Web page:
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Subject:RE: HUMOR: I Need Help From:"Carnall, Jane" <Jane -dot- Carnall -at- compaq -dot- com> To:"TECHWR-L" <techwr-l -at- lists -dot- raycomm -dot- com> Date:Mon, 19 Feb 2001 18:41:34 -0000
Jim Shaeffer wrote:
>Many Technical Communicators look around and find a paucity of other means.
>Example: Daytona Beach is not a hotbed of programming, yet our Barnes &
>Noble has several shelves of Visual Basic books, most of them advertising a
>CD-ROM full of sample programs and code. There is nothing remotely
>comparable for Technical Writing.
>I am suggesting that such posts may be, in part, symptoms of organizational
>and system problems, not just symptoms of personal laziness.
I wonder if anyone *does* send templates/samples in response to the
requests. I don't, and wouldn't, because any such files I might have
available don't belong to me: they're the property of my employers. (She
says priggishly.) I've always assumed that the same is the case for the vast
majority of the people on this list, and so any requests for actual files
are likely to get a dusty answer.
In my first job as a tech writer, I was the sole tech writer in a firm that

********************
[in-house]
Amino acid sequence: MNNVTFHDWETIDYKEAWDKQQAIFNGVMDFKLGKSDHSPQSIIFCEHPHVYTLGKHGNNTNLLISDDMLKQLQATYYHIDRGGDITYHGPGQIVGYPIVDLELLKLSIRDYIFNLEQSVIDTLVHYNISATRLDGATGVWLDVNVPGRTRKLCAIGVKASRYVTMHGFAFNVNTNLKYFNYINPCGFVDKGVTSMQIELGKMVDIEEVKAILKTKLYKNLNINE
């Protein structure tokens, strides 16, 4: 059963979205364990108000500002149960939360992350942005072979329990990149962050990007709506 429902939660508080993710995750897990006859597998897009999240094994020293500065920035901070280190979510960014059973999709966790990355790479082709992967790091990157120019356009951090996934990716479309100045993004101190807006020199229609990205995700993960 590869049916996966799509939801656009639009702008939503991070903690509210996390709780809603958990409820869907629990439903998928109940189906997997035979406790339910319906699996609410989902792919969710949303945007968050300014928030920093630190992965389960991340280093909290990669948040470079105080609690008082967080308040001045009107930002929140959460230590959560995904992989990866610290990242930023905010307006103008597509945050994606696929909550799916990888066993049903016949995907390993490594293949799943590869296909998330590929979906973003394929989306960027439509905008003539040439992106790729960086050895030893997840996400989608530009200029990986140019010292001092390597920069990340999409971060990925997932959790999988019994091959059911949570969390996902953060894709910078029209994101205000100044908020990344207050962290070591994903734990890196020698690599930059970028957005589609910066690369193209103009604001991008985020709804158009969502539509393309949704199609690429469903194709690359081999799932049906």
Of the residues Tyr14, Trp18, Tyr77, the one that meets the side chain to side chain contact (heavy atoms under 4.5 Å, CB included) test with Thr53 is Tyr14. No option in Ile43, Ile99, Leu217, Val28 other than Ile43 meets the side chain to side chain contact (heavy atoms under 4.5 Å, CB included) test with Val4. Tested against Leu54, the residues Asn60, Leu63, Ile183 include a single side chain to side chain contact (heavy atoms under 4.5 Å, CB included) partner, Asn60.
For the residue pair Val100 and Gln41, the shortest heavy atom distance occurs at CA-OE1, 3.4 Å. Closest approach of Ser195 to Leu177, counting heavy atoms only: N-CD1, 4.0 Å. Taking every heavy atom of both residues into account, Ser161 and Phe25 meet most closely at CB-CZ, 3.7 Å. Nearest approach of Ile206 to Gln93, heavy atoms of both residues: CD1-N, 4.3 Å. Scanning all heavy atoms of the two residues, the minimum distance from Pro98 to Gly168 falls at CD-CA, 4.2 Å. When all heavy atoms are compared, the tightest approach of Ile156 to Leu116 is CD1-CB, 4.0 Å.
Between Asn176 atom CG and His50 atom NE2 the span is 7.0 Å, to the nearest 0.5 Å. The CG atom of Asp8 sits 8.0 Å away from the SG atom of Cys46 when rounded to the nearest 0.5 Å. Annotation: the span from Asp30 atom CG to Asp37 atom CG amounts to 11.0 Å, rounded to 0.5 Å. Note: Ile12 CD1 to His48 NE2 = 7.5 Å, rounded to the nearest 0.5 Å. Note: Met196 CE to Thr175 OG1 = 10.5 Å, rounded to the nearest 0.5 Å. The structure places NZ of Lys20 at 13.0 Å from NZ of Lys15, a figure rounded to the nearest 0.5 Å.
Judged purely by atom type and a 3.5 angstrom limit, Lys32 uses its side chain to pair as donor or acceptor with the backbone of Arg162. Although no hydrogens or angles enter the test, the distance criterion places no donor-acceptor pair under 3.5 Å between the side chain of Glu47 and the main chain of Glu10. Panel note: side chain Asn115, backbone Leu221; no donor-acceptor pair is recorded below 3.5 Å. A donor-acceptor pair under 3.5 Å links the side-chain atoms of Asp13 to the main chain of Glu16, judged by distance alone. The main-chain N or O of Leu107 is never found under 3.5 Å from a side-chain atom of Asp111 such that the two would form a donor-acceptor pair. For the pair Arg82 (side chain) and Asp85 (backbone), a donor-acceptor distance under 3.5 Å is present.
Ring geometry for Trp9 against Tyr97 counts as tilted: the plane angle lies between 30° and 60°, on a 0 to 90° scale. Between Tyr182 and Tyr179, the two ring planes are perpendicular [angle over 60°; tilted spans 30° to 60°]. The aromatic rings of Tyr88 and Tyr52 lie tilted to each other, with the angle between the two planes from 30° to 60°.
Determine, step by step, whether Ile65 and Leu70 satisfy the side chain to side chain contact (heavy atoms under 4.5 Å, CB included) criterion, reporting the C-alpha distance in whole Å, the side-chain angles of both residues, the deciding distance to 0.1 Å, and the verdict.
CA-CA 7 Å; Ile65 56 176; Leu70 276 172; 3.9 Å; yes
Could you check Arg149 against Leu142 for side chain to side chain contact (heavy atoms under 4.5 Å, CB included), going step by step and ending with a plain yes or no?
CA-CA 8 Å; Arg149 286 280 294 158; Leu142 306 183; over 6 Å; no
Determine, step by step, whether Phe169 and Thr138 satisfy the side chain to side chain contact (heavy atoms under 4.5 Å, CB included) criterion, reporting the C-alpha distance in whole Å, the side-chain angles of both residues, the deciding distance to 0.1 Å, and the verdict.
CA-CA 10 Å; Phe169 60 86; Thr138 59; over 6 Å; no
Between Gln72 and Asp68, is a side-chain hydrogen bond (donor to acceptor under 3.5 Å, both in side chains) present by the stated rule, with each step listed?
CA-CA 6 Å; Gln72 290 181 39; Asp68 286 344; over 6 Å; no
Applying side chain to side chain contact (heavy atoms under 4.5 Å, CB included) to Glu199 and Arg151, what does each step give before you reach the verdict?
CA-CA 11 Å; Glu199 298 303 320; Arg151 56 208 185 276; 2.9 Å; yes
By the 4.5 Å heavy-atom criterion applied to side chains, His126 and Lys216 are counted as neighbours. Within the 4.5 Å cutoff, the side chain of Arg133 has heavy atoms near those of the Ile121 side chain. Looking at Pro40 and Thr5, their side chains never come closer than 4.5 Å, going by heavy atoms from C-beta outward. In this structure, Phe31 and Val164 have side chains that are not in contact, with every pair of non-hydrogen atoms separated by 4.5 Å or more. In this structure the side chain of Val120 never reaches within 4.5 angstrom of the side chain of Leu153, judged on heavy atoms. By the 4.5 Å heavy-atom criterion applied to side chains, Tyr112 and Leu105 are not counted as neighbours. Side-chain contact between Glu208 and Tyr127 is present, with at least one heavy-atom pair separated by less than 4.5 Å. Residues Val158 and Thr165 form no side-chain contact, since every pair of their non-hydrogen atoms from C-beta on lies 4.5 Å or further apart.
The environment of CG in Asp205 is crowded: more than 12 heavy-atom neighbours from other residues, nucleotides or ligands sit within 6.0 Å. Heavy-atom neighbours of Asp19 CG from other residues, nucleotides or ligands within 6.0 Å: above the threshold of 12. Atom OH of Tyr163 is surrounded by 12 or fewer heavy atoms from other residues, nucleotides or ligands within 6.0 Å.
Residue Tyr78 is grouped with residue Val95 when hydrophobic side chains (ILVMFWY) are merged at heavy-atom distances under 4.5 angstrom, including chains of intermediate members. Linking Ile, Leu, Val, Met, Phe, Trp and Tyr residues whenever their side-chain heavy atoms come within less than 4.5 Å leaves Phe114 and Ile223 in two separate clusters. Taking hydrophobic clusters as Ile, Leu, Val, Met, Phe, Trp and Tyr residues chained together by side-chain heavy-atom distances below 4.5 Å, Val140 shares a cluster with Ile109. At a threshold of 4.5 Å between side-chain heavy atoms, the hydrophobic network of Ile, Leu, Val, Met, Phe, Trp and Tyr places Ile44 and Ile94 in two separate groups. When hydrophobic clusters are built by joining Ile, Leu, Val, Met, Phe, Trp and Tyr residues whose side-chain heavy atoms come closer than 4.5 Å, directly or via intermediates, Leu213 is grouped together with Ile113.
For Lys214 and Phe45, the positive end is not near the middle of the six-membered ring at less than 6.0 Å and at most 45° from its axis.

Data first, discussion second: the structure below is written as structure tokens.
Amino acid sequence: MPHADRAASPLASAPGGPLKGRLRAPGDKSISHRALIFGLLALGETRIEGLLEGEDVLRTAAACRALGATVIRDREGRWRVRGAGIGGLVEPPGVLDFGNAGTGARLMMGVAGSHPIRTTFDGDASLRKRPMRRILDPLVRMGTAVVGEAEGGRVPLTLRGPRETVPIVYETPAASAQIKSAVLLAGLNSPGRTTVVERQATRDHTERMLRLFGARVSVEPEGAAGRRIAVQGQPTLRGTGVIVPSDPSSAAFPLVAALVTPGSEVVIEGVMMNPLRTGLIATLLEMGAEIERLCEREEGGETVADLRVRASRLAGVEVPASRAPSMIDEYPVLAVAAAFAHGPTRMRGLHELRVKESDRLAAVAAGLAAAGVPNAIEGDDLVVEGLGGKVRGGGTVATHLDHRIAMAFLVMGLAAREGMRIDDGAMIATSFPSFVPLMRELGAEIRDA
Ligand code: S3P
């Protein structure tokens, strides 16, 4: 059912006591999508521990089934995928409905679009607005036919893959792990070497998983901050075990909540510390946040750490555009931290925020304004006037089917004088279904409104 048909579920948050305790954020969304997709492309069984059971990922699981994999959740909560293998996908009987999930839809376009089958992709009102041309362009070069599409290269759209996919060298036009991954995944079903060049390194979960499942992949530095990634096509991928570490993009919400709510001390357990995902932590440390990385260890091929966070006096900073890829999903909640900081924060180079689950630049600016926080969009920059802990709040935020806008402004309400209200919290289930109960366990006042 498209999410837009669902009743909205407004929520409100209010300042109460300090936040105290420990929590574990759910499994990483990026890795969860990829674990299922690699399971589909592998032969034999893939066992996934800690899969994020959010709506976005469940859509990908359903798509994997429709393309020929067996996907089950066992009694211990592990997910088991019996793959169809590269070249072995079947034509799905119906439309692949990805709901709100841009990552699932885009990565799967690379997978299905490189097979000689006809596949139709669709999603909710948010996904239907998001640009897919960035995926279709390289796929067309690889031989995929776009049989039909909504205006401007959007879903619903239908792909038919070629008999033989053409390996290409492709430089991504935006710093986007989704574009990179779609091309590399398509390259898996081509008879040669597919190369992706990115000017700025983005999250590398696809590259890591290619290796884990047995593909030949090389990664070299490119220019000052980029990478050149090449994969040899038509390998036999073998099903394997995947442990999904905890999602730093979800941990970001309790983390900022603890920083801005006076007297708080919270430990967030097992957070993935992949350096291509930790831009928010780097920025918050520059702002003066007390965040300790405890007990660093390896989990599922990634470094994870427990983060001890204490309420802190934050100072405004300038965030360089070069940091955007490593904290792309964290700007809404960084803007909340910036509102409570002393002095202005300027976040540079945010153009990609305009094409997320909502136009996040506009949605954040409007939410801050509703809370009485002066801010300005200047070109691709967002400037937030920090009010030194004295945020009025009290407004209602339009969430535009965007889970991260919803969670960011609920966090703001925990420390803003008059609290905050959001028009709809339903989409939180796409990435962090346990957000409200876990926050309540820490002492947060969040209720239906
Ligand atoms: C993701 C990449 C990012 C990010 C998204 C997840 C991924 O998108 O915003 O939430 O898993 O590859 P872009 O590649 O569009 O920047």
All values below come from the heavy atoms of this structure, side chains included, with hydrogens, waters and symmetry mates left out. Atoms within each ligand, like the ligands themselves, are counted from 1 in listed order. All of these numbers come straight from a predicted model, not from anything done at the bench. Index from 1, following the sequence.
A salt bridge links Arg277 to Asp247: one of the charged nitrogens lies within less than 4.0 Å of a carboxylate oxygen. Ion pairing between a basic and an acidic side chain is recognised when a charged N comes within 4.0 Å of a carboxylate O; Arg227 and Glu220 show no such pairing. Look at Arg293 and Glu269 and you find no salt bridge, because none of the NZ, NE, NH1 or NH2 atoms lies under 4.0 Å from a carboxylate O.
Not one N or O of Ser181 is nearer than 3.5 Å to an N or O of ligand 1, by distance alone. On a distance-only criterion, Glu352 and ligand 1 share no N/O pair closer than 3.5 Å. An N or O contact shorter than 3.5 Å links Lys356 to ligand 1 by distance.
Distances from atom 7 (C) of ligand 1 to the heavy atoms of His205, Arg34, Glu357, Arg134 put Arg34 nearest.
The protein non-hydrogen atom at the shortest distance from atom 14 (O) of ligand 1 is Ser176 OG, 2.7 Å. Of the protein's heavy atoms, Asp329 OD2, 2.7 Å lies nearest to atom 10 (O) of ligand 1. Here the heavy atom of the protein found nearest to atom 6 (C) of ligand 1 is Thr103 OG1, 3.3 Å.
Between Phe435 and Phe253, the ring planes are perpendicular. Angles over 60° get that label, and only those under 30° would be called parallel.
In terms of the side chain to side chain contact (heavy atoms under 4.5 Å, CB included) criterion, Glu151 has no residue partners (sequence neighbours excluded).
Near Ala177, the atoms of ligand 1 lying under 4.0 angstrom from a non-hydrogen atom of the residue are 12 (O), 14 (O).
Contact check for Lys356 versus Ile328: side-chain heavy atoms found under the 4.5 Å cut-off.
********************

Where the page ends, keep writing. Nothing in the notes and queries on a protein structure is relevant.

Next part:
had only ever employed one before. I had no other resources but a set of
files compiled by my predecessor on the job, who lasted two months. (I
lasted 14 months. But I had more reason to stay.) It was frustrating work,
struggling with recalcitrant files, certain there must be short cuts - but
with limited time to figure them out, and limited experience of *how* to
figure them out. My next job was with a team of technical writers, and we
swopped files and templates all the time, because often it was far faster to
show someone else how you'd done it than to explain in words. It seems
defeatist and is certainly unhelpful to just assume that people are lazy
because they've asked the wrong question.
Technical Writer, Compaq, UK
Unless stated otherwise, these opinions are mine, and mine alone.
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